Electrofreezing experiments of super-cooled water (SCW) with different ions, performed directly on the charged hemihedral faces of pyroelectric LiTaO3 and AgI crystals, in the presence and in the absence of pyroelectric charge are reported. It is demonstrated that bicarbonate (HCO3 - ) ions elevate the icing temperature near the positively charged faces. In contrast, the hydronium (H3 O+ ) slightly reduces the icing temperature. Molecular dynamics simulations suggest that the hydrated trigonal planar HCO3 - ions self-assemble with water molecules near the surface of the AgI crystal as clusters of slightly different configuration from those of the ice-like hexagons. These clusters, however, have a tendency to serve as embryonic nuclei for ice crystallization. Consequently, we predicted and experimentally confirmed that the trigonal planar ions of NO3 - and guanidinium (Gdm+ ), at appropriate concentrations, elevate the icing temperature near the positive and negative charged surfaces, respectively. On the other hand, the Cl- and SO4 2- ions of different configurations reduce the icing temperature.

7.
J Phys Chem B ; 124(33): 7166-7175, 2020 08 20.
Artigo em Inglês | MEDLINE | ID: mdl-32697588

RESUMO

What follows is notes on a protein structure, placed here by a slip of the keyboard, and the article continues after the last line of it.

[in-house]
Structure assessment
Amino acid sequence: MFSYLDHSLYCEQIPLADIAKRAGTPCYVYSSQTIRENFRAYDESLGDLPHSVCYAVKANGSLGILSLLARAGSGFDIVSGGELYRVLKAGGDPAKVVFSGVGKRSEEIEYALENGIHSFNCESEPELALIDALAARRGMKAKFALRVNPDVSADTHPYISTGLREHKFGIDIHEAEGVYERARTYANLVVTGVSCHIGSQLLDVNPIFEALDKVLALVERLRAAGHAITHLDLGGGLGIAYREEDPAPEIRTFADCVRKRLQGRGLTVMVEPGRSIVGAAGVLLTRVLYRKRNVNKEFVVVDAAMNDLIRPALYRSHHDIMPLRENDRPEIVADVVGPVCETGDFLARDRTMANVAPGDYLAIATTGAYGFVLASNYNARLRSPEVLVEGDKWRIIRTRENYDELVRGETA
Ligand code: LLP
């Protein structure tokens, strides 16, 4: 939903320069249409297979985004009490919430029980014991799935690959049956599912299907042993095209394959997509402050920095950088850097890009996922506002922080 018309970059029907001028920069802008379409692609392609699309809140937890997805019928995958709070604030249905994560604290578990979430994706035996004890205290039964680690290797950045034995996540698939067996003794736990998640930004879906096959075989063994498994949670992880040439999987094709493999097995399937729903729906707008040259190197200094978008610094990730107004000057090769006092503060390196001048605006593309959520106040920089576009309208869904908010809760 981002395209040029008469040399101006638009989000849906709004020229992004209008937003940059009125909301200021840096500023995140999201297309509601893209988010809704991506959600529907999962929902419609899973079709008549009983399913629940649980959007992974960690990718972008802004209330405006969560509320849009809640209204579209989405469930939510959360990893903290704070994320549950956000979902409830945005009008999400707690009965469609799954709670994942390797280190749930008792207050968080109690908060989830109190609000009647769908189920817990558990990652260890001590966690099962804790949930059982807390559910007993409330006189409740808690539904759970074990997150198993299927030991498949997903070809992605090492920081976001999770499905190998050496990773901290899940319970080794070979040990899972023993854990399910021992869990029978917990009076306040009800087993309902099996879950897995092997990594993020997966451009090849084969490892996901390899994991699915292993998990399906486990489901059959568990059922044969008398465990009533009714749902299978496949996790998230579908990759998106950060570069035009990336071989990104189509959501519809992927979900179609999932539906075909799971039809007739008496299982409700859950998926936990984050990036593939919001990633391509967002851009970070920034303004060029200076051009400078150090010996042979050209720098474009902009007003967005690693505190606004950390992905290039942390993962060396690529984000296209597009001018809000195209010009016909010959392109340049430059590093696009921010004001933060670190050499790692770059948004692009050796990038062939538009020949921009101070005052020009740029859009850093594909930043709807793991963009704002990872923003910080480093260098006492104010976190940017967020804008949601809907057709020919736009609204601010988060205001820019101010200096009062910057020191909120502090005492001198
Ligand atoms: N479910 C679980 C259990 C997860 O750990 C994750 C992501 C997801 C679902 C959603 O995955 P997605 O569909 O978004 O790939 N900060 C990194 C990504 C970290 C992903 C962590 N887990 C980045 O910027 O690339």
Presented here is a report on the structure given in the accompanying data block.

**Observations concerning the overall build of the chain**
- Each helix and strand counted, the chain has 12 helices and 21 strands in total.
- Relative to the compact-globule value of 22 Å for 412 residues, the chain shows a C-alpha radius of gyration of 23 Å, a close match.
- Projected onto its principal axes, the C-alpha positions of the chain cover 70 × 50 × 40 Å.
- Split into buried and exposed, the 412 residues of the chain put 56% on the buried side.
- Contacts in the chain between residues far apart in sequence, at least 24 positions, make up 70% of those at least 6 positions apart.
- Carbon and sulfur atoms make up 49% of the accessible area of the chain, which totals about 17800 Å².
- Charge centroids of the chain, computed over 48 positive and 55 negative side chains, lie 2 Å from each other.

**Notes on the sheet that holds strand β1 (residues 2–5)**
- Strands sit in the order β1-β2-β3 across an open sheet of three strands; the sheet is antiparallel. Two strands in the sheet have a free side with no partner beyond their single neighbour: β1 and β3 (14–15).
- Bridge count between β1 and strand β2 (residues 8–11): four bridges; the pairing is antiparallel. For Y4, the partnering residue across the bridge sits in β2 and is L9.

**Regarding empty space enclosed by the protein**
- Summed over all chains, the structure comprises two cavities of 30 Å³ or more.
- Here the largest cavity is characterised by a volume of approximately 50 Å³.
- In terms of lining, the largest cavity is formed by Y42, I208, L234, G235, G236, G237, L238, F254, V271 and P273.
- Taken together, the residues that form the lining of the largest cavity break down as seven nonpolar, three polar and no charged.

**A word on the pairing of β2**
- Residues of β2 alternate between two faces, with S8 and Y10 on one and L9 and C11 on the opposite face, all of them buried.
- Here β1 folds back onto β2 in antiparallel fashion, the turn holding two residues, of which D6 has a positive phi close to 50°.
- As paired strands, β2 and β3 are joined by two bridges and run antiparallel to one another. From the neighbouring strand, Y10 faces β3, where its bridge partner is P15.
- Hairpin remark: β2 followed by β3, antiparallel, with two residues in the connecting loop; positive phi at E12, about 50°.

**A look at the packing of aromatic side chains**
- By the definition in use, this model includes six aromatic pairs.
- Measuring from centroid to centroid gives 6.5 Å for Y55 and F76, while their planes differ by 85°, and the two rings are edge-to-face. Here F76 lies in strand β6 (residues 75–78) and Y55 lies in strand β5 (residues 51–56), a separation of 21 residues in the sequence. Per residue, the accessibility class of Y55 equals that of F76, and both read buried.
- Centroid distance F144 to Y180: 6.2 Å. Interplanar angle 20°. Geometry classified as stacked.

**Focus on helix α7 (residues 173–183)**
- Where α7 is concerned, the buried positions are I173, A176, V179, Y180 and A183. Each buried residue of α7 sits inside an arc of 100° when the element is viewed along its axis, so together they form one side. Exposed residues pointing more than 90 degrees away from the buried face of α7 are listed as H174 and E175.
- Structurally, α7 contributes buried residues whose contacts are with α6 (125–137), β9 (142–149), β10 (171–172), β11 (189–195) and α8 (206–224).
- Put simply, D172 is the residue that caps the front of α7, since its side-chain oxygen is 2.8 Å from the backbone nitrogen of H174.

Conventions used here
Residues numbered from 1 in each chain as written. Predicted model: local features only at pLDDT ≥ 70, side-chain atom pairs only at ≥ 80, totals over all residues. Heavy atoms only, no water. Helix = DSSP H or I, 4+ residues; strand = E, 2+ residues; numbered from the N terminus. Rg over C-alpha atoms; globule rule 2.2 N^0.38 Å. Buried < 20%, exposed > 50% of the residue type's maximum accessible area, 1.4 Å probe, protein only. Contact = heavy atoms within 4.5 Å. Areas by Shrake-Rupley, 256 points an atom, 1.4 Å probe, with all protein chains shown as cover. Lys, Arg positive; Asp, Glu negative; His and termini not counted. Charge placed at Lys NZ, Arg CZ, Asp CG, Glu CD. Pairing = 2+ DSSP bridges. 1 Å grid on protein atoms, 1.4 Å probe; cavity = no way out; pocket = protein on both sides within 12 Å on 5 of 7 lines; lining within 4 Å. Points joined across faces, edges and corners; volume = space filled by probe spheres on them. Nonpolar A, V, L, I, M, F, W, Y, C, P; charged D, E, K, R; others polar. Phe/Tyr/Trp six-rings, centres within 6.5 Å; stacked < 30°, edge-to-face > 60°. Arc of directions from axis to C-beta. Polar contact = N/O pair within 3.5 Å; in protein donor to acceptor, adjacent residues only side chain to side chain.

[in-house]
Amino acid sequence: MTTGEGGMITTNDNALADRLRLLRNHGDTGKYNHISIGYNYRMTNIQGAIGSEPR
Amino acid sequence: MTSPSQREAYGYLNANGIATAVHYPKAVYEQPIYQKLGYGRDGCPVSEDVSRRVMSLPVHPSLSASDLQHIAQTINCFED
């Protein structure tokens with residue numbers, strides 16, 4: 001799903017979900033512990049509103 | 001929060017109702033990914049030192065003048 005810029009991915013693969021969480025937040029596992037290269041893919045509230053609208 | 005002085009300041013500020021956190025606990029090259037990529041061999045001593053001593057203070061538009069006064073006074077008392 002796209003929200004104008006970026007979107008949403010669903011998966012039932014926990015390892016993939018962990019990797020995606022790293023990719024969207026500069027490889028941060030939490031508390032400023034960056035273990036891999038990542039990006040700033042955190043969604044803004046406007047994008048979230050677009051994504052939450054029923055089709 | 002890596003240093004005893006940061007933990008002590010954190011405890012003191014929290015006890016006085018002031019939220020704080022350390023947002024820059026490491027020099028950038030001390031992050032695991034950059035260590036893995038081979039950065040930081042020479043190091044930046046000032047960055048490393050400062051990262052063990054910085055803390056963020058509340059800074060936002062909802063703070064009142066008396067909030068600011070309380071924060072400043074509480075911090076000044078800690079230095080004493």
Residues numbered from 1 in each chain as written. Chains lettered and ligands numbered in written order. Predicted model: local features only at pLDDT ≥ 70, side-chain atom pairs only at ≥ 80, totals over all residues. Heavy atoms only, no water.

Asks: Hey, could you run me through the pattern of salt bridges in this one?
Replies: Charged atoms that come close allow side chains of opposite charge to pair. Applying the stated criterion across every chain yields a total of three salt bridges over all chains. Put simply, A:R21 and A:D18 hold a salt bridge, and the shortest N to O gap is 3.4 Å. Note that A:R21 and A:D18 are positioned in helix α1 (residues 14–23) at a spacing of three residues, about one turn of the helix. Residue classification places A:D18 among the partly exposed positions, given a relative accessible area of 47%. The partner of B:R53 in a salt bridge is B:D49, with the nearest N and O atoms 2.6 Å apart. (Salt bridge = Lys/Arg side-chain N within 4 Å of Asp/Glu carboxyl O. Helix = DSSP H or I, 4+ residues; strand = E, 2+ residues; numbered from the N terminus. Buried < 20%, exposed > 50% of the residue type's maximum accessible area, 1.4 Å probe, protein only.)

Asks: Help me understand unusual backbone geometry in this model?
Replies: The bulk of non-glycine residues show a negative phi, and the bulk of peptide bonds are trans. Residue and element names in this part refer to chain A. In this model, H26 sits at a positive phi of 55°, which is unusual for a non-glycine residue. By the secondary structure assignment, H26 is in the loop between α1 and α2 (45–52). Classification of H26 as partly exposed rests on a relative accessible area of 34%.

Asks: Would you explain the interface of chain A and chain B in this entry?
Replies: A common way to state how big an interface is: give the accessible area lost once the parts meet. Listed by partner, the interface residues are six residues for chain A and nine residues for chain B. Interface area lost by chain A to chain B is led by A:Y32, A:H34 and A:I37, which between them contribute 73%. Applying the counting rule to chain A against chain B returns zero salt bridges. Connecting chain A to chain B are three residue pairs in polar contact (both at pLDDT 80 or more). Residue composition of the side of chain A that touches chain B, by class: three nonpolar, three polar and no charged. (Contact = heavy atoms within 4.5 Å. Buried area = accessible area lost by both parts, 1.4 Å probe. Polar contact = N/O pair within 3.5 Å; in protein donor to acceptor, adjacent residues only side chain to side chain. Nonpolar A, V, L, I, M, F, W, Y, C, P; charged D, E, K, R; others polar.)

Lipid nanodiscs are small synthetic lipid bilayer structures that are stabilized in solution by special circumscribing (or scaffolding) proteins or polymers. Because they create native-like environments for transmembrane proteins, lipid nanodiscs have become a powerful tool for structural determination of this class of systems when combined with cryo-electron microscopy or nuclear magnetic resonance. The elastic properties of lipid bilayers determine how the lipid environment responds to membrane protein perturbations, and how the lipid in turn modifies the conformational state of the embedded protein. However, despite the abundant use of nanodiscs in determining membrane protein structure, the elastic material properties of even pure lipid nanodiscs (i.e., without embedded proteins) have not yet been quantitatively investigated. A major hurdle is due to the inherently nonlocal treatment of the elastic properties of lipid systems implemented by most existing methods, both experimental and computational. In addition, these methods are best suited for very large "infinite" size lipidic assemblies, or ones that contain periodicity, in the case of simulations. We have previously described a computational analysis of molecular dynamics simulations designed to overcome these limitations, so it allows quantification of the bending rigidity (KC) and tilt modulus (κt) on a local scale even for finite, nonperiodic systems, such as lipid nanodiscs. Here we use this computational approach to extract values of KC and κt for a set of lipid nanodisc systems that vary in size and lipid composition. We find that the material properties of lipid nanodiscs are different from those of infinite bilayers of corresponding lipid composition, highlighting the effect of nanodisc confinement. Nanodiscs tend to show higher stiffness than their corresponding macroscopic bilayers, and moreover, their material properties vary spatially within them. For small-size MSP1 nanodiscs, the stiffness decreases radially, from a value that is larger in their center than the moduli of the corresponding bilayers by a factor of ∼2-3. The larger nanodiscs (MSP1E3D1 and MSP2N2) show milder spatial changes of moduli that are composition dependent and can be maximal in the center or at some distance from it. These trends in moduli correlate with spatially varying structural properties, including the area per lipid and the nanodisc thickness. Finally, as has previously been reported, nanodiscs tend to show deformations from perfectly flat circular geometries to varying degrees, depending on size and lipid composition. The modulations of lipid elastic properties that we find should be carefully considered when making structural and functional inferences concerning embedded proteins.